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First Order Differential Equation with Reflected Argument

  1. Sep 7, 2012 #1
    I am trying to solve:

    (x + 1 + f(-x) )(1 - f ' (x) ) = x+1
    f(0) = x_0
    x in (-1,1)

    I approximated it numerically but any analytic method I try fails. Any ideas?
     
  2. jcsd
  3. Sep 7, 2012 #2

    haruspex

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    Hint: What do you get if you differentiate (x + 1 + f(-x) )? It should make you think of the chain rule.
     
  4. Sep 7, 2012 #3
    Ok, so I can make a substitution:

    y(x) = x + 1 + f(-x). Then

    y ' (x) = 1 - f ' (-x).

    I don't see where to go from there, since y ' (x) does not appear in the original equation. However

    y ' (-x) = 1 - f ' (x) does appear in the original equation. If i make that substitution I get

    y(x) * y ' (-x) = x+1

    But I still do now know how to solve that. Is my reasoning correct so far?
     
  5. Sep 8, 2012 #4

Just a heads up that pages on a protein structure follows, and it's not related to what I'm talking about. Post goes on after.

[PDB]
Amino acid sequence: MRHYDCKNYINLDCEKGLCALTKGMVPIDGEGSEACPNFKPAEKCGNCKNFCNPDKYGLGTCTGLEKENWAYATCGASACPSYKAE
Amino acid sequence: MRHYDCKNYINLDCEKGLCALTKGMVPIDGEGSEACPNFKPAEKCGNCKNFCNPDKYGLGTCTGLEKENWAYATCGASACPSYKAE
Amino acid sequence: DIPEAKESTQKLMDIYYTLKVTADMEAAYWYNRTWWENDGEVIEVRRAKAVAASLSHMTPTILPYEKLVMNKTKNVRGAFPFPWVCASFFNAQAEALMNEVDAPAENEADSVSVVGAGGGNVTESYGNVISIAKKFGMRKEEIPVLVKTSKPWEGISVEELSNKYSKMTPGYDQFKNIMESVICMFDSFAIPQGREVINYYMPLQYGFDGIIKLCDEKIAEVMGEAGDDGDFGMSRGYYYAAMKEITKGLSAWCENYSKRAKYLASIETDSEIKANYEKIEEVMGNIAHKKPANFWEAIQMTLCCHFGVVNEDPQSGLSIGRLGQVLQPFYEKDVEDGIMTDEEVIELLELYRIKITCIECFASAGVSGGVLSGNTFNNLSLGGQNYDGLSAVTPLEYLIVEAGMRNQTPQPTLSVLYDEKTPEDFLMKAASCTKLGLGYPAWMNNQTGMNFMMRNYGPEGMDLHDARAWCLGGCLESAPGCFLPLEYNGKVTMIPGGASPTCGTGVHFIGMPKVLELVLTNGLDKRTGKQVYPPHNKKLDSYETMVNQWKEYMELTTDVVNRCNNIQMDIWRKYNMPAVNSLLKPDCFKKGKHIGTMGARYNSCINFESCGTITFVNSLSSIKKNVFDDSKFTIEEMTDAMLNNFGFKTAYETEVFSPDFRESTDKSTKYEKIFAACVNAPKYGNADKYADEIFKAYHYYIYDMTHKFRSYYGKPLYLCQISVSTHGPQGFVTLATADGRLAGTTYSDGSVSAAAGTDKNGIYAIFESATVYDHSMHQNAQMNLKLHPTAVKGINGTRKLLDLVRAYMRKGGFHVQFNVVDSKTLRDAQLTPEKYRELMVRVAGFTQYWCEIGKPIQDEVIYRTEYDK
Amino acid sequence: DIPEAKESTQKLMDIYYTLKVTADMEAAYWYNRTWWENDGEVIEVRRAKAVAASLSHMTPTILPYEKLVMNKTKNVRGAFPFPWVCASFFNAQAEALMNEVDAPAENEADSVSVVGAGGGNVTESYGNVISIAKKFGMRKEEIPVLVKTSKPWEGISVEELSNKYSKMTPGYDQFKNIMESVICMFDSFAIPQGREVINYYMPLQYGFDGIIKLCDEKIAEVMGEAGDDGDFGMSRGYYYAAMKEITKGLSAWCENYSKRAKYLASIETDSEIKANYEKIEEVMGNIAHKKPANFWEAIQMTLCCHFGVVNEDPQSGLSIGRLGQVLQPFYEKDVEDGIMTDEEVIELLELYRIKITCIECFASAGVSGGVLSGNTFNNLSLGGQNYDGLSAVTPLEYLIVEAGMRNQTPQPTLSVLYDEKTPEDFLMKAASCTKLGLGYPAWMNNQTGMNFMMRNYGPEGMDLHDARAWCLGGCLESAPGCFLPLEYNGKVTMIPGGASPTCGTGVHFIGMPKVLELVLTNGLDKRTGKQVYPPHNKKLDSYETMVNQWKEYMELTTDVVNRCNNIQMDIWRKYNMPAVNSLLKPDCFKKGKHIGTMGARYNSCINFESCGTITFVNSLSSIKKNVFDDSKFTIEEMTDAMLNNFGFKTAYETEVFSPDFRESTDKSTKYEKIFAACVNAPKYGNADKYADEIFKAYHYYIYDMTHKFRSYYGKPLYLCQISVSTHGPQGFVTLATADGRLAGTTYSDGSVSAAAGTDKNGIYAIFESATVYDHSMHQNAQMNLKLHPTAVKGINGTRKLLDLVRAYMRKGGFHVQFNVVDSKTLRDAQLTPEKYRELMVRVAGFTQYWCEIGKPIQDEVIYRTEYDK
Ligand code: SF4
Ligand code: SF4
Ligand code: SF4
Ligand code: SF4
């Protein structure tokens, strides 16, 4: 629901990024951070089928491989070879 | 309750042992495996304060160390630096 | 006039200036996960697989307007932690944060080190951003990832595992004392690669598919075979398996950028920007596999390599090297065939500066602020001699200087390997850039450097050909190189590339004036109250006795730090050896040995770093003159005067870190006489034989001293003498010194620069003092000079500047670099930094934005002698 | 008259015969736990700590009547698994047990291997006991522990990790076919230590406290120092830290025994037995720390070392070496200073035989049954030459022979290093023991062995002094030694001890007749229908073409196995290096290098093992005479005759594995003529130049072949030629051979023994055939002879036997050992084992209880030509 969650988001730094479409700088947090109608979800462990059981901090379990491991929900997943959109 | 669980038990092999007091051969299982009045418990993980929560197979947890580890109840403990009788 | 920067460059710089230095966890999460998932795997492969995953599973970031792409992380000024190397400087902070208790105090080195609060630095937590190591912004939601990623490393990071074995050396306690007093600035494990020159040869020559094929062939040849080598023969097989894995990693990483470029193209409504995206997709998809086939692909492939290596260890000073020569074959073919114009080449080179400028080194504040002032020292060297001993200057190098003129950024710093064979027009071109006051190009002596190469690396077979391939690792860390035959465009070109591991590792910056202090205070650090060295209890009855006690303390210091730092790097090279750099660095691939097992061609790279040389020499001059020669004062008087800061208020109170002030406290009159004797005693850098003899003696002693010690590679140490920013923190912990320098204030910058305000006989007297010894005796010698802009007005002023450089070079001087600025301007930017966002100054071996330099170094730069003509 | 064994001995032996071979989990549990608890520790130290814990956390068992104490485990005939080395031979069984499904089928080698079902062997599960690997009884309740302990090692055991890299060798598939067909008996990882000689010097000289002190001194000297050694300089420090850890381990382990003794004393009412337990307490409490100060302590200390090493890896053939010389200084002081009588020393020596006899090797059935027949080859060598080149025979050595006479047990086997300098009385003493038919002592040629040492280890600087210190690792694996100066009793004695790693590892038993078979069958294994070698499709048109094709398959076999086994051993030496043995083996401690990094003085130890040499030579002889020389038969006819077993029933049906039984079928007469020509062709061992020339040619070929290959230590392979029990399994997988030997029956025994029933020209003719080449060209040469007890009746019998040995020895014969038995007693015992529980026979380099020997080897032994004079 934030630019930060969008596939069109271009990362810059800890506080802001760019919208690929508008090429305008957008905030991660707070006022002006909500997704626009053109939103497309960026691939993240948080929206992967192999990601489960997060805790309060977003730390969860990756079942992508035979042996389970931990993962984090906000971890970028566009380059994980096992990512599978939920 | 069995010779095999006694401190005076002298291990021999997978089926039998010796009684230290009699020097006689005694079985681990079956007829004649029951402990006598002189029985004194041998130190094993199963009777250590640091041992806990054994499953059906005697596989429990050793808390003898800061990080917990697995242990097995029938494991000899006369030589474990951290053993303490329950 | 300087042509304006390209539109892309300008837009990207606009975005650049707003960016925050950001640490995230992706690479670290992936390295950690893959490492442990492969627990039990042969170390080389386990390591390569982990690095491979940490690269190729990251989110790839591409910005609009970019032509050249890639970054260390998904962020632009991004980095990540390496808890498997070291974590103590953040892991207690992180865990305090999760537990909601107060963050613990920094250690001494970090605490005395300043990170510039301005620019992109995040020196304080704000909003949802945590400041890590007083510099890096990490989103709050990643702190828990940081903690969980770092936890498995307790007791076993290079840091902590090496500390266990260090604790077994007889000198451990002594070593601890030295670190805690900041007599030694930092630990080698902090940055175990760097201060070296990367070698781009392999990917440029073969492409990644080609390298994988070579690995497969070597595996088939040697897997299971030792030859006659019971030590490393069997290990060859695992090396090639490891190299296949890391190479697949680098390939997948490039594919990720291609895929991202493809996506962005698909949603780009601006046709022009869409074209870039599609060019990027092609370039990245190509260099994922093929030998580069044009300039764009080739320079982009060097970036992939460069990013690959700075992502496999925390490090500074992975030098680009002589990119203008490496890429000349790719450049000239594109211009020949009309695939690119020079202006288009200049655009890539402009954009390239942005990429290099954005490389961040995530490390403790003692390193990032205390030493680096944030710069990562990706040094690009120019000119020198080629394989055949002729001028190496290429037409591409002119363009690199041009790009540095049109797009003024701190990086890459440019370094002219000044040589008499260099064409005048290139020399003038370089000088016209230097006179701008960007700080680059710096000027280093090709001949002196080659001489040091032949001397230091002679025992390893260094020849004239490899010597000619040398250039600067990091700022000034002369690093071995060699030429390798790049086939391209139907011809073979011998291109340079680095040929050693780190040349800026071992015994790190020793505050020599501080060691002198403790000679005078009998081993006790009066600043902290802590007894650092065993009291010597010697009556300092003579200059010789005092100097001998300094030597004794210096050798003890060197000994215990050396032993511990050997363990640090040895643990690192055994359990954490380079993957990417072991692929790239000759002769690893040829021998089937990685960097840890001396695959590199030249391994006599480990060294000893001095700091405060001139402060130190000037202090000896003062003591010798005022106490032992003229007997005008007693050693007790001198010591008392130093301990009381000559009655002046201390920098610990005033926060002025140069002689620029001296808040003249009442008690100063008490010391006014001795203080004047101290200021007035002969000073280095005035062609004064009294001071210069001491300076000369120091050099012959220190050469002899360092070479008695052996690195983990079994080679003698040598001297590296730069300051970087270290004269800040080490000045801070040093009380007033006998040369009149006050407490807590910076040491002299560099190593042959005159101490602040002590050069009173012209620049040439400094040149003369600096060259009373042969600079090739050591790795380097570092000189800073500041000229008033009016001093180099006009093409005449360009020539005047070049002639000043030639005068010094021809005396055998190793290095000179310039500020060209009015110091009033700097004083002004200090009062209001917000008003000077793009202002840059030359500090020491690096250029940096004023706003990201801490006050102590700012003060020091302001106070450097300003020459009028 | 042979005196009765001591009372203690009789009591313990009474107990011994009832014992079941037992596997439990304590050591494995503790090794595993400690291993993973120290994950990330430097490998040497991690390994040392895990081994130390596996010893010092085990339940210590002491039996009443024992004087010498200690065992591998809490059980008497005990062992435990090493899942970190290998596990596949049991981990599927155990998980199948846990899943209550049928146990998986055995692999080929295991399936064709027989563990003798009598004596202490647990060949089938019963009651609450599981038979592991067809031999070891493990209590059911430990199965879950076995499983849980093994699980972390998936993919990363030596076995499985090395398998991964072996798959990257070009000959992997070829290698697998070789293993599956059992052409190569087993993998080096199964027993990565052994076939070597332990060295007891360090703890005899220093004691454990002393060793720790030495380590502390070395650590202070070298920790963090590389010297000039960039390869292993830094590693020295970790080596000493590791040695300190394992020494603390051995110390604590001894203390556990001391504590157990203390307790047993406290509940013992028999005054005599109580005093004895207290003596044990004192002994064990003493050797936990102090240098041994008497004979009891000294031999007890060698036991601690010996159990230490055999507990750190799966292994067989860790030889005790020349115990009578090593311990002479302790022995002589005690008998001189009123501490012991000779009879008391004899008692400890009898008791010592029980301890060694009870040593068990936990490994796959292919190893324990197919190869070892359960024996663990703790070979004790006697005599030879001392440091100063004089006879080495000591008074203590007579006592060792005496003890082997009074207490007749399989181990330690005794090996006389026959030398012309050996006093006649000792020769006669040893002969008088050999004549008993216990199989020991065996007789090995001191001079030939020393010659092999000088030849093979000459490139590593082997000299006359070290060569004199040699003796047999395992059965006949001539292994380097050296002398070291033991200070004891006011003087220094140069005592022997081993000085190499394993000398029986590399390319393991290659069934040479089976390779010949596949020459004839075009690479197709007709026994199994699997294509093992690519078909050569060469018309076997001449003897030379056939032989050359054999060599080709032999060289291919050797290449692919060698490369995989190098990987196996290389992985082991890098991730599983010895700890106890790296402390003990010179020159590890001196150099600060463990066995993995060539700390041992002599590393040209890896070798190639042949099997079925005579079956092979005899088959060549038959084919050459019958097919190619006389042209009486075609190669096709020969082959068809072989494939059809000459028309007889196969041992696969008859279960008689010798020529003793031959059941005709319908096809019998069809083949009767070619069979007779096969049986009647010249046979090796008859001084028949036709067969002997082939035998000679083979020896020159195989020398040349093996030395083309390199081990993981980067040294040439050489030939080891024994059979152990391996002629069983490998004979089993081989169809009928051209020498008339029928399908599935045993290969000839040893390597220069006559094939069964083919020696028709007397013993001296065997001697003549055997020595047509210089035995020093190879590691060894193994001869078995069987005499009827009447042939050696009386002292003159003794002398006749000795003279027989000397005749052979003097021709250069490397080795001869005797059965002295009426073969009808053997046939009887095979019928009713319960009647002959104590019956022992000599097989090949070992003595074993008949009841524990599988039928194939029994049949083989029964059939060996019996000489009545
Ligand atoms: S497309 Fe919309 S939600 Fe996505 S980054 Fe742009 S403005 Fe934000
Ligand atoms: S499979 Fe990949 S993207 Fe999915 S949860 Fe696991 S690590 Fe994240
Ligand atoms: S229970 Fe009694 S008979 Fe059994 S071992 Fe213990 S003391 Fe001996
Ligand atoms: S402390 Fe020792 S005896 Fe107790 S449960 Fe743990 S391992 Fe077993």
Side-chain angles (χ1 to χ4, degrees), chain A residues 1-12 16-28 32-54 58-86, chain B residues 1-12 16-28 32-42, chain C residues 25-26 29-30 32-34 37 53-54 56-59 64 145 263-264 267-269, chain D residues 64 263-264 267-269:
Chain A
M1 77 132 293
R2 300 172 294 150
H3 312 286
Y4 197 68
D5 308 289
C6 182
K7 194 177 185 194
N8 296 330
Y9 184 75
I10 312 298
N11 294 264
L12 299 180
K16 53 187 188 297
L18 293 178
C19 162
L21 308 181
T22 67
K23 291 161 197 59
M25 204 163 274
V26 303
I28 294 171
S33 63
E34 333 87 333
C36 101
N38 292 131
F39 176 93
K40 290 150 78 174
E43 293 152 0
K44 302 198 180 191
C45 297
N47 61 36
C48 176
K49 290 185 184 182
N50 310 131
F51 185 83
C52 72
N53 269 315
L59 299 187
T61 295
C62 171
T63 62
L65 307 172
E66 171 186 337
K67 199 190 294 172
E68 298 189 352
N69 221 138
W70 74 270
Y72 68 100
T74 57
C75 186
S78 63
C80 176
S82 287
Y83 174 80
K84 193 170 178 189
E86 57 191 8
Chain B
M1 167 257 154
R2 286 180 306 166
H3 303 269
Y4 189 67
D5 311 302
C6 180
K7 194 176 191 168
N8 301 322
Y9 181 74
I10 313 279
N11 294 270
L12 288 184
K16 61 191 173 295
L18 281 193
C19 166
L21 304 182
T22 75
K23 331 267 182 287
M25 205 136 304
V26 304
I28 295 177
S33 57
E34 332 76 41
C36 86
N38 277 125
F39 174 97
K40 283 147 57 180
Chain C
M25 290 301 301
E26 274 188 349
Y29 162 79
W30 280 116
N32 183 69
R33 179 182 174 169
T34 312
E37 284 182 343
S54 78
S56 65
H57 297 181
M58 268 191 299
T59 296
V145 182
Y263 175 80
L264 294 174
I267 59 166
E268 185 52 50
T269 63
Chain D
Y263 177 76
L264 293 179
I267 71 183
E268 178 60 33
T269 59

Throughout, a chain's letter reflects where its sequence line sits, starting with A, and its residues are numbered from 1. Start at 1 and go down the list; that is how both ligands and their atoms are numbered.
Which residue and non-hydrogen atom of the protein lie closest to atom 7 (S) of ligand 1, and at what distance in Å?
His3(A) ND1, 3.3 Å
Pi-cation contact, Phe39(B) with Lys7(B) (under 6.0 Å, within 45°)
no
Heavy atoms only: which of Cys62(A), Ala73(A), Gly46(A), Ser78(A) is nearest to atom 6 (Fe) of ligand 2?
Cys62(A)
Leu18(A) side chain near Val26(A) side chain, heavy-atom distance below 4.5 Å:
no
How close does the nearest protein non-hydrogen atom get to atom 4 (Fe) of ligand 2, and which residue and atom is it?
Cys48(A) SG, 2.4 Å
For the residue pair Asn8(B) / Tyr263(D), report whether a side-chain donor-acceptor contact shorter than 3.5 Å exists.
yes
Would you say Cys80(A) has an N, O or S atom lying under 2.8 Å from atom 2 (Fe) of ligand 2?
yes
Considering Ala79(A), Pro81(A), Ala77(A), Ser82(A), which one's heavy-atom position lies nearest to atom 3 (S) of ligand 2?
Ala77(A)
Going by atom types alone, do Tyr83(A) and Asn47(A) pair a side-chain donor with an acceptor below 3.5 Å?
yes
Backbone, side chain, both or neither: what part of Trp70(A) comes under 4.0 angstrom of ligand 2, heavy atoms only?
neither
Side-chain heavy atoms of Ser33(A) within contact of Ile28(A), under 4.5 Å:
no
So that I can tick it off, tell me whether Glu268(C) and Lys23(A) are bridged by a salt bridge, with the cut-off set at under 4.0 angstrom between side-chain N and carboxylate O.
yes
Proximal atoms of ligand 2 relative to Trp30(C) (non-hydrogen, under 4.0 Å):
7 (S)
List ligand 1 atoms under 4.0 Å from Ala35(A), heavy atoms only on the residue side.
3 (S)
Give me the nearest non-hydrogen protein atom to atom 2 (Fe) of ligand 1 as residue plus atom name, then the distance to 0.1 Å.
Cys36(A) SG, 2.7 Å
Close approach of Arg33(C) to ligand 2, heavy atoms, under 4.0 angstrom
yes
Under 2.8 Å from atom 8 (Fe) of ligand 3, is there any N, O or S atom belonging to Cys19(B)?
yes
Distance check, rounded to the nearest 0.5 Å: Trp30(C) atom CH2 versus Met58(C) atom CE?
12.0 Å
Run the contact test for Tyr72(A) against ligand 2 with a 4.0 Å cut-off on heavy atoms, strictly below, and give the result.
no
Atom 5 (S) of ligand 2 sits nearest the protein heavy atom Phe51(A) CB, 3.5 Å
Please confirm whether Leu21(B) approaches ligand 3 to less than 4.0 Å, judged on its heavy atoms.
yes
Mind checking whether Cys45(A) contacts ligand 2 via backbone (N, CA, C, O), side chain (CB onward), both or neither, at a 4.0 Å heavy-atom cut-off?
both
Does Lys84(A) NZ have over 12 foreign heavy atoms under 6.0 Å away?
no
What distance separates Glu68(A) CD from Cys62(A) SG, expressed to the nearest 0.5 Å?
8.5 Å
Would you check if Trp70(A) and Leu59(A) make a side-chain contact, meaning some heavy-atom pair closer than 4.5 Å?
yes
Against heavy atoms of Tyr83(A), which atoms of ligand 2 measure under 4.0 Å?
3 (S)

haruspex

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    Hmm.. yes I was too quick - I thought the minus sign would not be a problem.
    However, you can at least try making an assumption about y(-x) and see if it produces a solution consistent with the assumption. I.e., try y(-x) = - y(x), then try y(-x) = y(x).
     
  6. Sep 8, 2012 #5
    Judging from the numeric approximation, neither of those seem to be the case. I will try it and see what happens though.

    I have tried many things. One thing I was considering was to use the cross correlation of f(x) with a conveniently chosen function, make a substitution, and use the Laplace transform to force the negative sign inside, then hope the inverse Laplace transform works out. That sounds really horribly complicated though.

    I have tried a series solution but it did not seem to result in anything worthwhile.

    Perhaps a solution does not exist.
     
  7. Sep 15, 2012 #6

    haruspex

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    I finaly realised that f(x) might as well be separate functions for x> 0 and x < 0. so write g( x) = f(-x). obtain (1-x+f(x))(-g'(x)) = 1-x by swapping sign of x. Write orig equation as g(x) = expression in x and f'(x), then differentiate that to obtain expression for g'(x) and substitute in above. Now have 2nd ord (nasty) equation in only f and x. Not sure it helps much though.
     
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